Rod Mamero

Dedication, wit are this policeman's trademarks


Don't believe Payson Police Sergeant Rod Mamero for a second when he offers his initial response to the question, "Why did you choose law enforcement as your career?"

"I just didn't want to pick out what I was going to wear to work every day," Mamero quips.

Quipping and making the most of his bone-dry comic delivery are perhaps this guy's second- and third-best talents. But he actually gets paid for his first-best talent.

While we're on that subject, here's Mamero's serious answer to the career-choice query:

"When my family originally moved to Chandler in 1968, the population was about 12,000 people not unlike it is here," said Mamero, who was born in Bellville, Ill., 37 years ago. "I enjoyed that small-town atmosphere and camaraderie ... So when I decided to go into policing, I knew I wanted to do it in a small community like that, where the police officers do make a difference, where you know all their names, where they get a lot of respect, and where they're there for the right reason: to help people.

"My dad was a police officer in the military, and there's a history of law enforcement in my family. So I think it was predestined internally before I ever actually thought about doing it."

Mamero's move to Chandler was preceded by four years in Germany, where his father had been stationed. When his dad was sent to Vietnam, the rest of the Mamero family moved back to the states and, more specifically, the desert Southwest, where Mamero spent the remainder of his formative years.

"My mom raised me and took care of me, and I was quite the handful," Mamero said. "I never got into serious trouble; just hi-jinks and pranks kind of trouble. When I was six and seven years old, I loved to build model cars and planes and wreck them or blow them up with firecrackers. Some little old guy at Revell gave his all molding those little pieces of plastic so I could chuck them against the side of a building somewhere."

Fortunately, Mamero had grown out of that destructive phase of his life by the time he was ready to pursue his career, which he began in 1985 as a reserve officer with the Mesa Police Department. Two years later, he tested with, and was promptly hired by the Gila County Sheriff's Department in Payson. In 1989, he was presented with the opportunity to work for the Payson Police Department.

"I jumped on it and I've been there ever since," Mamero said.

"I've been afforded a lot of opportunities in Payson that a person may not get in a larger agency. I'm a D.A.R.E. (Drug Abuse Resistance Education) officer for elementary and junior high grades; I've been a field training officer; for about nine years I was on the Special Response Team, which is the equivalent of a S.W.A.T. team; I wrote the initial grant for the canine program here, and Chief (Gordon) Gartner was so receptive to it, we got our first canine unit; and now I'm a patrol sergeant with eight positions assigned to me."

The greatest satisfaction Mamero takes home every night, however, has nothing to do with individual achievements.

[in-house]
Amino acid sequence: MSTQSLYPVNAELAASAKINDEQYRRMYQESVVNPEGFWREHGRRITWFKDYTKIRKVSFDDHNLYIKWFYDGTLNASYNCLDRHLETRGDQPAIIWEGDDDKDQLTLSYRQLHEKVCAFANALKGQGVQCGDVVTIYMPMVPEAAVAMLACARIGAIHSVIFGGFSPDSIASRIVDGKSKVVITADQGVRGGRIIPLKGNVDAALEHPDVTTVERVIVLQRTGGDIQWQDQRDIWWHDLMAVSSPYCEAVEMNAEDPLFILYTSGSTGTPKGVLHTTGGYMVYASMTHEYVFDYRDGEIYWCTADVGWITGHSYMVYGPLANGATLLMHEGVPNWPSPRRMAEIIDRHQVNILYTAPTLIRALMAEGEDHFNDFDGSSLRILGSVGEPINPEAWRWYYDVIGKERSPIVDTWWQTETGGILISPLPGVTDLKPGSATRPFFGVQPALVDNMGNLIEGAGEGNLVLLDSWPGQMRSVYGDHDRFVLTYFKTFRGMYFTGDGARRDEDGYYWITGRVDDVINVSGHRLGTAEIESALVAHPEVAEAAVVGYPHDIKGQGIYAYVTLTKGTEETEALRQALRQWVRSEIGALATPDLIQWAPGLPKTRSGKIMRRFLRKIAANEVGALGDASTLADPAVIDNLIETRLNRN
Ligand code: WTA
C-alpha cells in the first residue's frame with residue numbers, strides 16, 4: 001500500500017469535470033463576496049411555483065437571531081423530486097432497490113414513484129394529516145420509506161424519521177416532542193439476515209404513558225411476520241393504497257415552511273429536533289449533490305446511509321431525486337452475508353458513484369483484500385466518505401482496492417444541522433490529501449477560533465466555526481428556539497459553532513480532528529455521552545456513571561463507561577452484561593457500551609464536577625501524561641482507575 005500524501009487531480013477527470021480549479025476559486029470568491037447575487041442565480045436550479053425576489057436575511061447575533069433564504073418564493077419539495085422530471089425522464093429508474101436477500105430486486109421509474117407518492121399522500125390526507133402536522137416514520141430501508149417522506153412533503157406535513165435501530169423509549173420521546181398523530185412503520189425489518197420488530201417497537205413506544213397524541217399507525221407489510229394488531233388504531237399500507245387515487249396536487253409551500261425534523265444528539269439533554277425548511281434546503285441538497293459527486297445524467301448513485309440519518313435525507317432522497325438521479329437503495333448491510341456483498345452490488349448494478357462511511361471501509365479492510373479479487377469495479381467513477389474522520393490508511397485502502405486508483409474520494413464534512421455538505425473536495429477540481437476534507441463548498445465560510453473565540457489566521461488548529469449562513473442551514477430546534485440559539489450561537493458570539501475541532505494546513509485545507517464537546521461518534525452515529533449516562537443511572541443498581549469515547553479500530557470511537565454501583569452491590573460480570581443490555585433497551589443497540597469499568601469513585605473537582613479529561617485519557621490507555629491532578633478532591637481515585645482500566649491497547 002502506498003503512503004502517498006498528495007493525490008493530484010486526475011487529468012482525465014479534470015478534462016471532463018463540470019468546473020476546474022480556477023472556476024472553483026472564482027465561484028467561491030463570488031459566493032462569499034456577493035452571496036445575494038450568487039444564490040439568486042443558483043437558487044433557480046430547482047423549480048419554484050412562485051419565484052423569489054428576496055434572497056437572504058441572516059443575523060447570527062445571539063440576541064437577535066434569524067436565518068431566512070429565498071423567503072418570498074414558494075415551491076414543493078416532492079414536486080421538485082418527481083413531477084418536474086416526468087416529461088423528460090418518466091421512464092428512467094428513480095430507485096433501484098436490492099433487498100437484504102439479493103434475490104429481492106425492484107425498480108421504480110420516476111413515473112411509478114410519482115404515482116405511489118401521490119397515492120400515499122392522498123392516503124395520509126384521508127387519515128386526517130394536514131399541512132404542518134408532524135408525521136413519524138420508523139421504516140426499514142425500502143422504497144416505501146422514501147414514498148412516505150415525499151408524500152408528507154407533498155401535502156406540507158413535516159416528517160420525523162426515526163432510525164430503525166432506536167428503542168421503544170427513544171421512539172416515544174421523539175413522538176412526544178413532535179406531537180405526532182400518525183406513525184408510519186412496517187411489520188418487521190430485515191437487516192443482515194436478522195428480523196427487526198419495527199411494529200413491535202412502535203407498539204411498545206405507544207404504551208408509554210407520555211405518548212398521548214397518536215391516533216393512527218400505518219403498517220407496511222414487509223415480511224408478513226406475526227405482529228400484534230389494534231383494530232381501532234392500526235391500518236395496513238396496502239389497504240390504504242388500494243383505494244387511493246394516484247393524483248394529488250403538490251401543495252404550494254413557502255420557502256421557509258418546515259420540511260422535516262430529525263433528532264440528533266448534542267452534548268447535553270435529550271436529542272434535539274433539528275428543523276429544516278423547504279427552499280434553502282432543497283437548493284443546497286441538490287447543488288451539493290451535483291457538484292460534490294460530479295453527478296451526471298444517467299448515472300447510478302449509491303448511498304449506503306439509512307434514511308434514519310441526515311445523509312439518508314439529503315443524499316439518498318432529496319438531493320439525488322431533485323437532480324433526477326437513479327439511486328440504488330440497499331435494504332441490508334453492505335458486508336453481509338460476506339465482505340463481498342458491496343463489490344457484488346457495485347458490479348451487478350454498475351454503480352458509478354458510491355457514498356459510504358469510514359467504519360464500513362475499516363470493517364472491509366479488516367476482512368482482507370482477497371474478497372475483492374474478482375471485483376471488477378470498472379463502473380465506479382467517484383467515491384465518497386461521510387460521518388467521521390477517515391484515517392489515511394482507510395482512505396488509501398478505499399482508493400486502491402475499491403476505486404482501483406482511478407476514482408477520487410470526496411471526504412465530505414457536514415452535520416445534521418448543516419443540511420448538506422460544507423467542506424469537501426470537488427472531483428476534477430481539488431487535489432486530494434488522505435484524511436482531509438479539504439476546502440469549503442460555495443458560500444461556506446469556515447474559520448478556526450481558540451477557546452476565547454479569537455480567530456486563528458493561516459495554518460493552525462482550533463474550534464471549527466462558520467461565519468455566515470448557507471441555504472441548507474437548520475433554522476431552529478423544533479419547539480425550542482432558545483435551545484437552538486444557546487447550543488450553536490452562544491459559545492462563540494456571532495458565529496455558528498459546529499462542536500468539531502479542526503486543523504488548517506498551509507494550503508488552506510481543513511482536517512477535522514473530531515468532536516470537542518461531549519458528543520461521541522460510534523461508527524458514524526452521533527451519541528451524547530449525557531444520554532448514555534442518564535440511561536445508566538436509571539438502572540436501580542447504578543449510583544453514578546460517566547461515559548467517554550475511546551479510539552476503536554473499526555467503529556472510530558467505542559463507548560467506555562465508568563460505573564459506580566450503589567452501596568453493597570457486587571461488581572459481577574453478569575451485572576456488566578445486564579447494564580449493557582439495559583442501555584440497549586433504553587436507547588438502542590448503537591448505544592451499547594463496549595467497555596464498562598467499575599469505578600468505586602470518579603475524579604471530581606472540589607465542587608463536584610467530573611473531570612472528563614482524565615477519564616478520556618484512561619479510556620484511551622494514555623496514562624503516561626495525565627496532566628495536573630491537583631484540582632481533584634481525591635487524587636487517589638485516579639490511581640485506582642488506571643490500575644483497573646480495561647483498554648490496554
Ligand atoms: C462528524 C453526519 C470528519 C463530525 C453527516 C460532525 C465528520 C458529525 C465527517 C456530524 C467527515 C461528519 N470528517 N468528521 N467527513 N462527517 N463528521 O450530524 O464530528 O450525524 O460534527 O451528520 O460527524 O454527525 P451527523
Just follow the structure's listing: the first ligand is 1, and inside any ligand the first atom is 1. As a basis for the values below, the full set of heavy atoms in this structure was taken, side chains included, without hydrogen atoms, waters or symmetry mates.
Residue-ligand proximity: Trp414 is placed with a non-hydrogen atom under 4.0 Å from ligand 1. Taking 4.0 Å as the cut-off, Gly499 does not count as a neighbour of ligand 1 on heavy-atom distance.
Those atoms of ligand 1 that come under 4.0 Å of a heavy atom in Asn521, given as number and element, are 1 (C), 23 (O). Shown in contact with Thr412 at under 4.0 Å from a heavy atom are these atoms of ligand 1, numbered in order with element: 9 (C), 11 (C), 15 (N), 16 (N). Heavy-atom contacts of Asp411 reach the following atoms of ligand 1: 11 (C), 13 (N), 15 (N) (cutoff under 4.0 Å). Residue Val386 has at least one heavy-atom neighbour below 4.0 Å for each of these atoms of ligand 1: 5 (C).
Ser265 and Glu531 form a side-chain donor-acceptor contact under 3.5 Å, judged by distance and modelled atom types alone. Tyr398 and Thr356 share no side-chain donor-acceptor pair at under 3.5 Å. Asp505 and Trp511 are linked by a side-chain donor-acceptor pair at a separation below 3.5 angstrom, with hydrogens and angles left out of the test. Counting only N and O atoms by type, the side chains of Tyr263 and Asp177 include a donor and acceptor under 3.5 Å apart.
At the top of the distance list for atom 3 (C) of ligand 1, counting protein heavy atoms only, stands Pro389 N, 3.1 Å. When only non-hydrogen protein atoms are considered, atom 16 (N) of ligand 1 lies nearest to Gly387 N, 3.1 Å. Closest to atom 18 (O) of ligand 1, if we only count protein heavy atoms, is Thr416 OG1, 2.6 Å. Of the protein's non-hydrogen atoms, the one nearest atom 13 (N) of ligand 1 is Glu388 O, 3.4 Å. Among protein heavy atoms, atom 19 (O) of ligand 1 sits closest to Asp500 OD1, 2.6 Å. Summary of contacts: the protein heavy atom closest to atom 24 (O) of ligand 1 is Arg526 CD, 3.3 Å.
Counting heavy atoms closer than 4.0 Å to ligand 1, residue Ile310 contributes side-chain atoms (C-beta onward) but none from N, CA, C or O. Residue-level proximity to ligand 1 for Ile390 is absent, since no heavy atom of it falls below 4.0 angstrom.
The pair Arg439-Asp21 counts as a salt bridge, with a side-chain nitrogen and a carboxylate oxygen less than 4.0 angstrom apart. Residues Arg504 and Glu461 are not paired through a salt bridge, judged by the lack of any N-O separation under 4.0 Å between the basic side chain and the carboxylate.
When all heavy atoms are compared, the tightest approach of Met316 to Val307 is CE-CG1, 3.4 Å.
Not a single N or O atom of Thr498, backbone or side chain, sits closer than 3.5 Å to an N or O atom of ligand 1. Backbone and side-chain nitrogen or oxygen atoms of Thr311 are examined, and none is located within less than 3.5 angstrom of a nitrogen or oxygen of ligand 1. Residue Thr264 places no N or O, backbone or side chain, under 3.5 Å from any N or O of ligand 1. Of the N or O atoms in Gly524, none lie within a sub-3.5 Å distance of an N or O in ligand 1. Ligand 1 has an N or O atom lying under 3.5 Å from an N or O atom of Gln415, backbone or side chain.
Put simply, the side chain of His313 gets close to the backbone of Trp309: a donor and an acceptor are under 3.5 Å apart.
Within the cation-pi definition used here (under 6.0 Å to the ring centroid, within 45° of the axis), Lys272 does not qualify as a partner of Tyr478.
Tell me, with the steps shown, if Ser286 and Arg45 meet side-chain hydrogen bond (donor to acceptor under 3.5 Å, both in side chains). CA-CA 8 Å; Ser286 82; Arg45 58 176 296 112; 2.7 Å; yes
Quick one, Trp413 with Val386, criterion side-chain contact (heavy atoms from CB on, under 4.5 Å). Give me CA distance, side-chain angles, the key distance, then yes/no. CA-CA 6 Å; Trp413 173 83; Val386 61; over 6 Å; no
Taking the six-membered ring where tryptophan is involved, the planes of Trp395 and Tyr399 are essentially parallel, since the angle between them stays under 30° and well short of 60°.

"Every day," he said, "I know that I am making a difference, that I'm the last line of defense for a lot of people.

"I remember one night, an elderly lady called 911, because she thought someone was breaking into her house. I got there and found out that the noise she was hearing was just wind blowing the trees up against her house. This lady had no immediate family, no pets, her kids had long since moved away, so it made me feel really good to know that, no matter what, she could call 911 and someone would be there for her. And that's what I do."

But the job that gives so much also takes so much, Mamero adds.

"I was there when Chief (David) Wilson was shot and killed in 1992. I was there when (Payson police officer) Allen Dyer was gunned down in front of the old Wal-Mart two years ago. Those kinds of things obviously take away from the benefits of the job along with homicides, the suicides, the runaways and never knowing when that one traffic stop for something like a burned-out taillight is going to go south on you. There have been several times when I got home at night and just went, 'Whew! It's good to be home tonight!'

"But by the same token," Mamero said, "when that stuff starts to bother you, you just make yourself remember that you're here to help, that for a lot of people you're their last source of hope."

Although not everyone seems to be aware of it, that hope is available at all hours of the day, night and week.

"Five or six years ago," Mamero said, "a lady called 911 for something, and she said, 'Oh, I'm sorry, I forgot that it's the weekend. I'll call back Monday.' She was evidently under the impression that we aren't here 24 hours a day, 7 days a week."

When Mamero finally retires from law enforcement in the far-distant future, he is asked, how would he like to hear his career summarized?

"That I did this job for the right reason to help people," he said. "A lot of the peripherals of law enforcement of crime and punishment, of justice and a lack of it, of overtime, of hiring issues and budget concerns can tear at the fabric of what you're actually trying to do as you move through your career path.

"But ultimately, I've been in this job to help people and to make a difference. And I can honestly say I have. I know I have."

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